ICA Counsel Philip Corwin told ICANNâs Board of Directors that they needed to take responsibility, fully review, and âownâ the recent decision by Global Domains Division (GDD) staff to try to insert Uniform Rapid Suspension (URS) in legacy gTLD contracts up for renewal â and that any further alterations of the URS and other rights protection mechanisms (RPMs) created for the new gTLD program must be addressed through the standard policymaking process and not through an âimplementationâ route that excludes some stakeholders and bypasses full and deliberative consideration.
Corwin delivered his remarks at the Public Forum held at the end of the just concluded ICANN 53 meeting held in Buenos Aires, Argentina. GDD staff maintained throughout the meeting that the registry operators for .Travel, .Cat and .Pro adopted the URS and other RPMs âvoluntarilyâ, while many of those present at the meeting questioned how voluntary that decision could be when it was proposed by GDD staff as the starting point for contract renewal negotiations.
Allowing staff to pursue this course would create a series of precedents prejudicing negotiations for major legacy gTLDs like .Org, .Net and .Com when those contracts come up for renewal. It would also prevent a balanced community discussion of not only whether the URS should be applicable to these legacy gTLDs, but if it should be altered in any way. ICANNâs Intellectual Property Constituency (IPC) recently filed comments regarding the RPMs that advocated providing domain transfer and not just suspension when a complainant prevails in a URS; lowering the burden of proof and thereby altering the original intent that the URS just be used for âslam dunkâ cases; changing the elements that must be proved by the complainant to bad faith registration or use; and requiring the loser to pay for the proceeding. With those changes the URS would become âa UDRP on steroidsâ and almost surely replace the UDRP as the preferred mechanism for rights holders â especially as the filing fee is only $500, the registrant has a shorter time to reply and a much lower word limit, and there are no provisions to opt for a three-member panel or appeal to a national court. That can hardly be regarded as a balanced approach to rights protection.
The text on which Corwinâs oral remarks were based followsâ
Good afternoon. I am Philip Corwin and this statement is made in my role as Counsel to the domain name investors and developers of the Internet Commerce Association.
When the Board met with the GNSO Council on Sunday you heard strong expressions of concern from many Councilors regarding the decision of GDD staff to propose that the PDDRP and especially the URS be the starting point for renewal of legacy gTLD registry agreements. That action amounts to repudiation of the common understanding during the development of the new gTLD RPMs that the decision as to whether they would apply to more than 140 million legacy gTLD domains would be reserved for a subsequent PDP â and that this action by GDD staff amounted to the creation of de facto Consensus Policy through the contracting process, in violation of the Bylaws.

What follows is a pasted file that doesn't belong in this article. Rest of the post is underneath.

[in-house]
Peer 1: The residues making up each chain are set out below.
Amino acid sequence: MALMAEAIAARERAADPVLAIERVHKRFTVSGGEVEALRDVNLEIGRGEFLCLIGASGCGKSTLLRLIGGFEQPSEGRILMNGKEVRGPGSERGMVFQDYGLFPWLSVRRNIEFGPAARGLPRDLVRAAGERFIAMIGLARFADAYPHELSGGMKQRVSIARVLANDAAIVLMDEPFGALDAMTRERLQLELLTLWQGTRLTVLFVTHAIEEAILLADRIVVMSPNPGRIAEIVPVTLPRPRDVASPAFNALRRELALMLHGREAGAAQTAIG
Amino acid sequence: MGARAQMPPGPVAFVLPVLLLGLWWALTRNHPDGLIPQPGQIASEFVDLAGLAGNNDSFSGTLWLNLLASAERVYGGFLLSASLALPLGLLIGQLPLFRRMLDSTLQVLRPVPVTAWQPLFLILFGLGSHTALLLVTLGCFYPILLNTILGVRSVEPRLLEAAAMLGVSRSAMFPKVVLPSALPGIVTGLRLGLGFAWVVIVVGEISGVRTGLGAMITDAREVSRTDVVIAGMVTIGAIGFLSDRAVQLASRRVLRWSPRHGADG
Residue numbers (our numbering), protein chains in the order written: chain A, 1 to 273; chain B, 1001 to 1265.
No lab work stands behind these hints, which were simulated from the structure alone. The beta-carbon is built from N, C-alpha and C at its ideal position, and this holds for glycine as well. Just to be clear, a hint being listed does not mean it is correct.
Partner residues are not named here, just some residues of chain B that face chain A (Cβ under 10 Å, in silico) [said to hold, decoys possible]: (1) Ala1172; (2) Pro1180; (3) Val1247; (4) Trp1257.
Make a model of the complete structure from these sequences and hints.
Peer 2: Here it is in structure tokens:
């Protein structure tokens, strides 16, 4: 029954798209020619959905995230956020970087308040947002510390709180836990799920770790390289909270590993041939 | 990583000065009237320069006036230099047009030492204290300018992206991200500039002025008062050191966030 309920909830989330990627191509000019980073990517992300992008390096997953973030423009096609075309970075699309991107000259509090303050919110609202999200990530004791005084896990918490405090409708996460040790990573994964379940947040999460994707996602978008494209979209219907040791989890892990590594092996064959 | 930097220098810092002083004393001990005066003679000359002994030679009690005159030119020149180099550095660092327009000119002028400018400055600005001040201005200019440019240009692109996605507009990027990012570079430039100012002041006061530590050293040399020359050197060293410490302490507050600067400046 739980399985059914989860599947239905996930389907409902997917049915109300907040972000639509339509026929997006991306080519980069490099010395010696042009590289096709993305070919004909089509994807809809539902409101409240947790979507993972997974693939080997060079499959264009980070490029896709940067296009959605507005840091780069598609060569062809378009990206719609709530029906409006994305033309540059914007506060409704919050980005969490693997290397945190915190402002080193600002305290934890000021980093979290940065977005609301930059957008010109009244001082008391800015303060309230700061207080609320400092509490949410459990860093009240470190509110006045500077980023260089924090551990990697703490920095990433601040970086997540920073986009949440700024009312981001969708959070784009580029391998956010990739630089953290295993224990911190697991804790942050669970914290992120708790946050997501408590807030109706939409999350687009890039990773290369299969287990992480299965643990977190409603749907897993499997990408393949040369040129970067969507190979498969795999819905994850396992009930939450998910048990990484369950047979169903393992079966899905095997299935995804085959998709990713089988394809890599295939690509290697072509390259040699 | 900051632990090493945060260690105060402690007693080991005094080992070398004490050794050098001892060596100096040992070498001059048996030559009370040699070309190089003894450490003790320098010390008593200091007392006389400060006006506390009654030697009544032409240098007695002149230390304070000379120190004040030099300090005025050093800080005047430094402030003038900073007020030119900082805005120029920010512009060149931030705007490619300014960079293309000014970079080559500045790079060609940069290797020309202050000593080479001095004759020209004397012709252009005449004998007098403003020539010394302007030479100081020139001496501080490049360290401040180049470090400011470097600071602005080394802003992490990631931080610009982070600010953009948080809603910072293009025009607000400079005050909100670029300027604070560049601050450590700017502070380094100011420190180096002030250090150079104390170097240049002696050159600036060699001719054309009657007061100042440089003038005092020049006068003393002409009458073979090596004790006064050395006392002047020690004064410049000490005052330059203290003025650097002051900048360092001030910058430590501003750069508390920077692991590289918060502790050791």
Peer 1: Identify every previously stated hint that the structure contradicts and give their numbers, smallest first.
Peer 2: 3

Similarly, the comments filed in the just-closed forum for .Travelâs renewal were overwhelmingly against this action and in favor of stripping those RPMs out of that RA â and by extension, from the .Cat and .Pro RAs as well.
The concern of course is that the same staff who made the decision to propose these RPMs in the renewal contracts will be the ones to review and react to those comments.
Another concern is that GDD staff may already be planning to advocate turning the URS into a UDRP on steroids. On June 17th World Trademark Review reported that Senior Manager Fabien Betremieux told an audience in Hamburg, Germany that suggestions that the URS remedy would be transformed from domain suspension to transfer âwill be considered in the next roundâ. We have not even received the policy staff Issues Report on the new gTLD RPMs, and no one on ICANN staff should be opining on what will be considered in the way of changes because that is for the community to decide through the policy process.
IP interests have suggested a variety of changes to the URS that would convert it from a narrow supplement to the UDRP to a complete substitute â in which domain registrants would have shortened reply periods, limited ability to respond, no option of a 3-mmber panel, and no appeals access to national courts. Certainly trademark interests must have adequate means to deal with true infringement, but their rights must be balanced against those of domain registrants.
So I have two requests of the Board:
First, we need a commitment that any further alterations of the new gTLD RPMs will be made through a standard PDP. We are far past the implementation details stage and it is now crystal clear that these decisions will implicate legacy gTLDs as well.
Second, if GDD staff ignores the overwhelming weight of comments and retains the URS in the final RAs for legacy gTLDs, you need to vote up and down on those RAs. You need to âownâ that decision and in that way indicate whether you believe this GDD staff action is or is not acceptable.
This article by Philip Corwin from the Internet Commerce Association was sourced with permission from: